One of the most striking aspects of this figure is the dynamic pose that it is in. Styracosaur Dinosaur Toys With its right foreleg lifted up in the air the right rear foot just Styracosaur Dinosaur Toys lifting off of the ground, its armored head turning towards the right (and the entire figure leaning a bit left) we find this Styracosaur in what is definitely an action pose. Whether it is running, turning quickly to meet an aggressor or preparing to whistle down a cab it is certainly in the act of doing something.

The tilt of the head can be readily seen (Below) in the face to face view of two of these standing, face to face:

Styracosaur Dinosaur Toys

Ordinarily I don't really like figures like this. It is so committed to whatever it is doing (like those stupid Apatosaurus that are looking over their backs- I mean, really!!?) it ordinarily limits the figure's playability to be doing much of anything else (like the Safari Dinosaurs of China Yangchuanosaurus, picking its teeth). In this case that is as far from the truth as it gets.

This Styracosaur is perfectly comfortable in three different poses.

(1) The 'designed' three foot stance. Right foreleg raised:

Styracosaur Dinosaur Toys (2) Right forefoot down left up and turning sharply to the right:

Styracosaur Dinosaur Toys (3) Rearing up on the hind legs with tail for support:

Styracosaur Dinosaur Toys This trio of poses makes for one of the most versatile Dinosaur toys to be found anywhere.

Styracosaur Dinosaur Toys

Here we find a 1996 Safari T-Rex trying to figure out how to separate two Styracosaurs in order to take one "out to dinner." (Above)

(Below) We find that even a pack of Tyrannosaurs, attacking from two

Styracosaur Dinosaur Toys Styracosaur Dinosaur Toys directions, will still have major problems with a herd determined to stay off the menu. "Neither an appetizer nor an entree be."

A good motto to stay alive by.

Styracosaurus Dinosaur Toys Dinosaur Toys

The detail on these figures is neither extreme nor even necessarily consistent throughout. The right (raised) foot (Left) is typical of the feet detail- adequately but not extraordinarily done. The pebbling of the skin on the body, the stretching and compacting folds of flesh are all done well enough and the head is truly beautiful in execution. Remembering that this was produced to be "toy quality" (as opposed to museum quality) and introduced over ten years ago to boot. This is really a fine product. Given what amounts to a paucity of decent Styracosaurus figures on the market the fact that this is readily available NEW from several retailers (both brick & mortar and internet) at prices ranging from $3.49 to $4.99 (give or take) I would rank this as a 'must-have' of Dinosaur toys. You can get better detail, in larger scales (X-Plus comes to mind) and certainly at higher prices but you won't get a better 1/30-40 scale Styracosaur at any price, anywhere.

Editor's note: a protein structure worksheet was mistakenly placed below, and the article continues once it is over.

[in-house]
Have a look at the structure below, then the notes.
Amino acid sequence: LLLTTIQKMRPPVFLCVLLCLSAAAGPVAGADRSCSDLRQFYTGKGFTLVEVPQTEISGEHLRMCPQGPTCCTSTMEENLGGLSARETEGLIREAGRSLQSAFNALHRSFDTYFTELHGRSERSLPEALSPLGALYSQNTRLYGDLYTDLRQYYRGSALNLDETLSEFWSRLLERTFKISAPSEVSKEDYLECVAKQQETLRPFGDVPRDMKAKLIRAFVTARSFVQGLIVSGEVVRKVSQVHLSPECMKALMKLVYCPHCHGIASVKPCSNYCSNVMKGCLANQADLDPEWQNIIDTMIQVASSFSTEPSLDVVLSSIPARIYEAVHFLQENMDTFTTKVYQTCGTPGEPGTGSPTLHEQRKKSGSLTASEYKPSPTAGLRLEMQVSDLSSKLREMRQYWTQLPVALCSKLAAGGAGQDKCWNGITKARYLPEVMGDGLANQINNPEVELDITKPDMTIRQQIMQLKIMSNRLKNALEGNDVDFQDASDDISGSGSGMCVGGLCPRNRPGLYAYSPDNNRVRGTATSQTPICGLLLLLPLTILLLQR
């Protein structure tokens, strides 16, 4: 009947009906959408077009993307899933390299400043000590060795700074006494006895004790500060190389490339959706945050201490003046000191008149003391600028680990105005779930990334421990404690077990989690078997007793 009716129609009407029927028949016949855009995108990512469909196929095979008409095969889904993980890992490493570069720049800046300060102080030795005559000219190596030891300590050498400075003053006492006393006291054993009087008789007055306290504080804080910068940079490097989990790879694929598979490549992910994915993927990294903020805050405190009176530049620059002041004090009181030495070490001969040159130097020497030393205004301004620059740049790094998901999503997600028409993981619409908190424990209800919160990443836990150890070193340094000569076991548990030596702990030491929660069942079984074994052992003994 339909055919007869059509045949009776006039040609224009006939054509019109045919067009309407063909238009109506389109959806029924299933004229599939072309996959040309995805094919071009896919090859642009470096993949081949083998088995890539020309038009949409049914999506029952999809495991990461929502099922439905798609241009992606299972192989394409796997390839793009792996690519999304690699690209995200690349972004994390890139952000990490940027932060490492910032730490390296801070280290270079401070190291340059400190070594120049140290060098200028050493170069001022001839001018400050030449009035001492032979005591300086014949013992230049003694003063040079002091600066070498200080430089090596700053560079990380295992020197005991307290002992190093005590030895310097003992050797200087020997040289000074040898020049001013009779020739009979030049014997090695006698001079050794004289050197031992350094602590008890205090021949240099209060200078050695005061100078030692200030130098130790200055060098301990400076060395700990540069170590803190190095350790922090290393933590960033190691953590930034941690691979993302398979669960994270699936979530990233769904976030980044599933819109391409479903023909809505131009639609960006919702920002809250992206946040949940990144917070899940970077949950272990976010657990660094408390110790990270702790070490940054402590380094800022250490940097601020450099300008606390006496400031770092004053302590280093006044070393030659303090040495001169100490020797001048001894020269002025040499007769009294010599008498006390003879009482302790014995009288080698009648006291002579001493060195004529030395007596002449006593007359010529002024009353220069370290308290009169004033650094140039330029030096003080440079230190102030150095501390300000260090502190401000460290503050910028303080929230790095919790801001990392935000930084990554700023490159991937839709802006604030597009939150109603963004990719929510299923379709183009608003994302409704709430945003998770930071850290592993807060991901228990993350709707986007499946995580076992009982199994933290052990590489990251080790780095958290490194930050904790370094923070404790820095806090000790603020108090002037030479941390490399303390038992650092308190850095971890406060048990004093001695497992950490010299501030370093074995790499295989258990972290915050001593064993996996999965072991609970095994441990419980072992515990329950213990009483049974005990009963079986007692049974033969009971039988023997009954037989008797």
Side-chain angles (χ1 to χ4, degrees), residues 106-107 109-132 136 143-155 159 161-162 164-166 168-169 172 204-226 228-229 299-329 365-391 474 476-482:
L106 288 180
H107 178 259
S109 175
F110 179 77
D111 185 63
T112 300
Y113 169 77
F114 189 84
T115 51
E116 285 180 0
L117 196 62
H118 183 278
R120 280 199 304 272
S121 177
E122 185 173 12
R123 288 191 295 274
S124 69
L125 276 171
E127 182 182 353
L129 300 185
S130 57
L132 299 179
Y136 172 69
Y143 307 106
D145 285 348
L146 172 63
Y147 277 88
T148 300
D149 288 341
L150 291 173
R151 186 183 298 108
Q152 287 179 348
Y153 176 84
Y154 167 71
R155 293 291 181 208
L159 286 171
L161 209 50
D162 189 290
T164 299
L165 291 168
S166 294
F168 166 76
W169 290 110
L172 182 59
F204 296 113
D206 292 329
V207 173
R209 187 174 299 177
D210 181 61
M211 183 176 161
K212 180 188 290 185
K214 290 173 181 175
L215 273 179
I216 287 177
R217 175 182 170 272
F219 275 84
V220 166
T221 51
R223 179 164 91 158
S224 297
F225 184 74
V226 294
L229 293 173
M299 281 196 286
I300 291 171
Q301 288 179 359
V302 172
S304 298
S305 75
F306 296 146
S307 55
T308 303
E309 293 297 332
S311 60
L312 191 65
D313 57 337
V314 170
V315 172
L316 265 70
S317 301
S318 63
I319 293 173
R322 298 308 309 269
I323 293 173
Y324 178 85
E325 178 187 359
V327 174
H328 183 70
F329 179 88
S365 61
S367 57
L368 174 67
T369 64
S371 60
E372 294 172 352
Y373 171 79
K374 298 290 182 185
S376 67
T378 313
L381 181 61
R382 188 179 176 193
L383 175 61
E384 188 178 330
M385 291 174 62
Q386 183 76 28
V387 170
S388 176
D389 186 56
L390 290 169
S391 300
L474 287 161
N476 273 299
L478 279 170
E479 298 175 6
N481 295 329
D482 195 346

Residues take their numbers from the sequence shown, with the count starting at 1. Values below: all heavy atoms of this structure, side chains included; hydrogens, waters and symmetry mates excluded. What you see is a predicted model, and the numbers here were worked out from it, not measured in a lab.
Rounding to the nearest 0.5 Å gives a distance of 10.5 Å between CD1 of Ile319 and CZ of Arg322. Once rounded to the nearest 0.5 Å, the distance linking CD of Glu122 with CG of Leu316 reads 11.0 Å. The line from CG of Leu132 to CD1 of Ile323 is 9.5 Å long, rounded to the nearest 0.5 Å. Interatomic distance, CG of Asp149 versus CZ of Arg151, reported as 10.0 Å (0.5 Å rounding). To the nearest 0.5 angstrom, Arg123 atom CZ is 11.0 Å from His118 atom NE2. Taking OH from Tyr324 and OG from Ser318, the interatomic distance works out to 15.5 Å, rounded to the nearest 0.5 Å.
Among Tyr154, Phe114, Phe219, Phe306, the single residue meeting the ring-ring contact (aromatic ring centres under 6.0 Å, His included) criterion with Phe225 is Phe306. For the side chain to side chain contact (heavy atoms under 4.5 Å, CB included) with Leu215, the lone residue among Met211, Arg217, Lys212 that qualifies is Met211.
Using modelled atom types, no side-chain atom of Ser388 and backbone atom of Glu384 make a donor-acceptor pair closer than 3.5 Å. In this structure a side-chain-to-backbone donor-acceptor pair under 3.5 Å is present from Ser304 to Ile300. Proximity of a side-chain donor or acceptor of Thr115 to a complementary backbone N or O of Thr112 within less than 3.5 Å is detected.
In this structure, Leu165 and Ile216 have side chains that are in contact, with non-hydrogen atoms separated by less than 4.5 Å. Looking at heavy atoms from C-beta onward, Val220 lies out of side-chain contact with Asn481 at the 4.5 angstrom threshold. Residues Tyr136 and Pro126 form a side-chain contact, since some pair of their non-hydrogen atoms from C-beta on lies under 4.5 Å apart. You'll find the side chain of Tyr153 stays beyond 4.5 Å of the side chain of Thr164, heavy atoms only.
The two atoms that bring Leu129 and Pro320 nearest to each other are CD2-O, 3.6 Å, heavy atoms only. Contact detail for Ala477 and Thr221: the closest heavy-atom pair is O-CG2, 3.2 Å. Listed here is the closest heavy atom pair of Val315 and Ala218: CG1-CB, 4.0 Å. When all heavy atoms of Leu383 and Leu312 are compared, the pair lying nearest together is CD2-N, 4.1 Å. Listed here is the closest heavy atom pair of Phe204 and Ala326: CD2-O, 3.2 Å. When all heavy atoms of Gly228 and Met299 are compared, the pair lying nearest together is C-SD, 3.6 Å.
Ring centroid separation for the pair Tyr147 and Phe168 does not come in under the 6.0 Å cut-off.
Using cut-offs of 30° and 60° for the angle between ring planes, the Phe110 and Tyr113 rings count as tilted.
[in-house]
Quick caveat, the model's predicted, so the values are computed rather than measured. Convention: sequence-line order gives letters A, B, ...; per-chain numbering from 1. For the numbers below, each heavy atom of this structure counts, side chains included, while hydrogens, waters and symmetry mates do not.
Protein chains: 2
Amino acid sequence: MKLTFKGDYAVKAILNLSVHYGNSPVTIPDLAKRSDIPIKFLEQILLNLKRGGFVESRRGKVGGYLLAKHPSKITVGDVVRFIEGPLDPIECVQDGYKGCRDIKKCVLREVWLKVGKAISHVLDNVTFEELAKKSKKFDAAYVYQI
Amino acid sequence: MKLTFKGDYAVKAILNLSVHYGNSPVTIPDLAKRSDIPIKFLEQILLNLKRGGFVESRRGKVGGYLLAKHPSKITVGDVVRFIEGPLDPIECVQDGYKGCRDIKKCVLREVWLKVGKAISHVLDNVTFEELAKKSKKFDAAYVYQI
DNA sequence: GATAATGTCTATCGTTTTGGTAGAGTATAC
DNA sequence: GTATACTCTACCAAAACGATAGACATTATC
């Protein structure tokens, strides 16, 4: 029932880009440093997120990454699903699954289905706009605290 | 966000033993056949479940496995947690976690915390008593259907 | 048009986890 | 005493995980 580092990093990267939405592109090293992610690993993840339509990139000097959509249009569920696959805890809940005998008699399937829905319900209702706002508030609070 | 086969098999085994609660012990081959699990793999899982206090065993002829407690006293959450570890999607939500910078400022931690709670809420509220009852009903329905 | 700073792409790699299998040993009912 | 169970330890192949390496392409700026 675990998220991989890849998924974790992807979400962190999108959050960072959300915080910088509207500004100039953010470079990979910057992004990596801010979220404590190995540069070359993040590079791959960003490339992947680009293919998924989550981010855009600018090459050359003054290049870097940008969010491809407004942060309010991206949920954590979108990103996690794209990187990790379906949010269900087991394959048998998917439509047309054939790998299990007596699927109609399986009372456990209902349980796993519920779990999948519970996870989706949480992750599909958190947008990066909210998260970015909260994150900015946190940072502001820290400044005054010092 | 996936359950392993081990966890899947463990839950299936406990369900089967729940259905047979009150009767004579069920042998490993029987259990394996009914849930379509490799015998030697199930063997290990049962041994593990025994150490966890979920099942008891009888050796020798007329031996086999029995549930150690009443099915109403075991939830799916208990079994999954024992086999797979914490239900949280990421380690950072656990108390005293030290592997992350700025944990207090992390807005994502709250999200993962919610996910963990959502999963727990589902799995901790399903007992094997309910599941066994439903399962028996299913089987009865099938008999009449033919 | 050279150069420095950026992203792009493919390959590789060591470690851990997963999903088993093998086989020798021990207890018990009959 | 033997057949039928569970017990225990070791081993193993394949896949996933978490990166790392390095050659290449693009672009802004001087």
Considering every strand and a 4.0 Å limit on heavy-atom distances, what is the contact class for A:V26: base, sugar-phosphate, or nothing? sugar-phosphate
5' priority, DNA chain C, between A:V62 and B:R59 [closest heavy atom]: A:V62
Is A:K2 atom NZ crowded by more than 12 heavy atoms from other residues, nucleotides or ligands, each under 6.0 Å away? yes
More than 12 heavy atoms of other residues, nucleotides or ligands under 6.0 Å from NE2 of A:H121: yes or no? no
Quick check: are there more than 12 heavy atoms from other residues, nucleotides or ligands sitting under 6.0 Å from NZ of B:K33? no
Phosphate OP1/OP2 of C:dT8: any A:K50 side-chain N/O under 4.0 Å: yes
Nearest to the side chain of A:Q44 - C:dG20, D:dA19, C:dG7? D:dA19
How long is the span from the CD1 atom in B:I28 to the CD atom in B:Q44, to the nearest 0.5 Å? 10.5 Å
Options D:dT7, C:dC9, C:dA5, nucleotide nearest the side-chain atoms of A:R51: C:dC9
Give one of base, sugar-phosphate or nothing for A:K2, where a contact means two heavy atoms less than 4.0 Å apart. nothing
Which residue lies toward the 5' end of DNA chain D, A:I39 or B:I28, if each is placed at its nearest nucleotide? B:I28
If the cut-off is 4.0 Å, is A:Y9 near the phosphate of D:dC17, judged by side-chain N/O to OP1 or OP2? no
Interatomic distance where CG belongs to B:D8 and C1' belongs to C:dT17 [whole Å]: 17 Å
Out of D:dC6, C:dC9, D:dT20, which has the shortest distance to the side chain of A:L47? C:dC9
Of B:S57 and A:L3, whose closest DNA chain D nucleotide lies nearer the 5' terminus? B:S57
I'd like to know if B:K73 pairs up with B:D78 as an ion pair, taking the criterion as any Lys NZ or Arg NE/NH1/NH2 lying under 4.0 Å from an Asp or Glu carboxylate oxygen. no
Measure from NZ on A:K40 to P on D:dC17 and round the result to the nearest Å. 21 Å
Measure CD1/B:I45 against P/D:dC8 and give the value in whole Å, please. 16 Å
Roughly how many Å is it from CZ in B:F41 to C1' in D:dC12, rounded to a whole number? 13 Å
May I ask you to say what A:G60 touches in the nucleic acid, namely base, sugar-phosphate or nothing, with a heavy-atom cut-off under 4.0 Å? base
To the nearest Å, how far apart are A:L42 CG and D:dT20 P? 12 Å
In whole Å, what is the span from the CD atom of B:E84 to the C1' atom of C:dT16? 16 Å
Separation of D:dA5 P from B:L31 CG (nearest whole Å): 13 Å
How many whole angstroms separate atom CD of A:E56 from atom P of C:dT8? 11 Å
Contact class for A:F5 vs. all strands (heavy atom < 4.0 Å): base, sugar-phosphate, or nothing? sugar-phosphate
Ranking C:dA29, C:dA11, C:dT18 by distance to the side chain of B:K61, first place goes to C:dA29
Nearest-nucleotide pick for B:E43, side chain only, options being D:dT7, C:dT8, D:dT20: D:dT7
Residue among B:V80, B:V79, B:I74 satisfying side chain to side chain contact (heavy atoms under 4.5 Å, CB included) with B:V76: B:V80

Mine are original production, ten plus years old, with lots of time in boxes bumping up against other Dinosaur toys and their paint (what little there is) is utterly unworn. Because they are hand-painted (in China by very myopic specialists) they are each different from the others in subtle ways. Their bellies bear that "CE" European Union imprint indicating that they are largely non-toxic presuming you aren't allergic to rubber (or rubber-like compounds) in the first place. Even so they don't cook-up well at all and nothing will enhance their flavor unless you're a rubber T-Rex, and if you are they won't need any enhancement.

They aren't now and likely never will be collectibles in the sense of gaining value through age and rarity. Besides, that is almost impossible to predict. They are very collectable however and are superb Styracosaurus Dinosaur toys.

Styracosaur Dinosaur Toys

Hanging around the Oasis, the desert office water-cooler.

Styracosaur Dinosaur Toys

Even when unwelcome luncheon visitors come to call it is still the place to be....

And not the cafeteria it may have appeared.

All those spikes reiterate the old saying: "It's better to be the fork than the forked."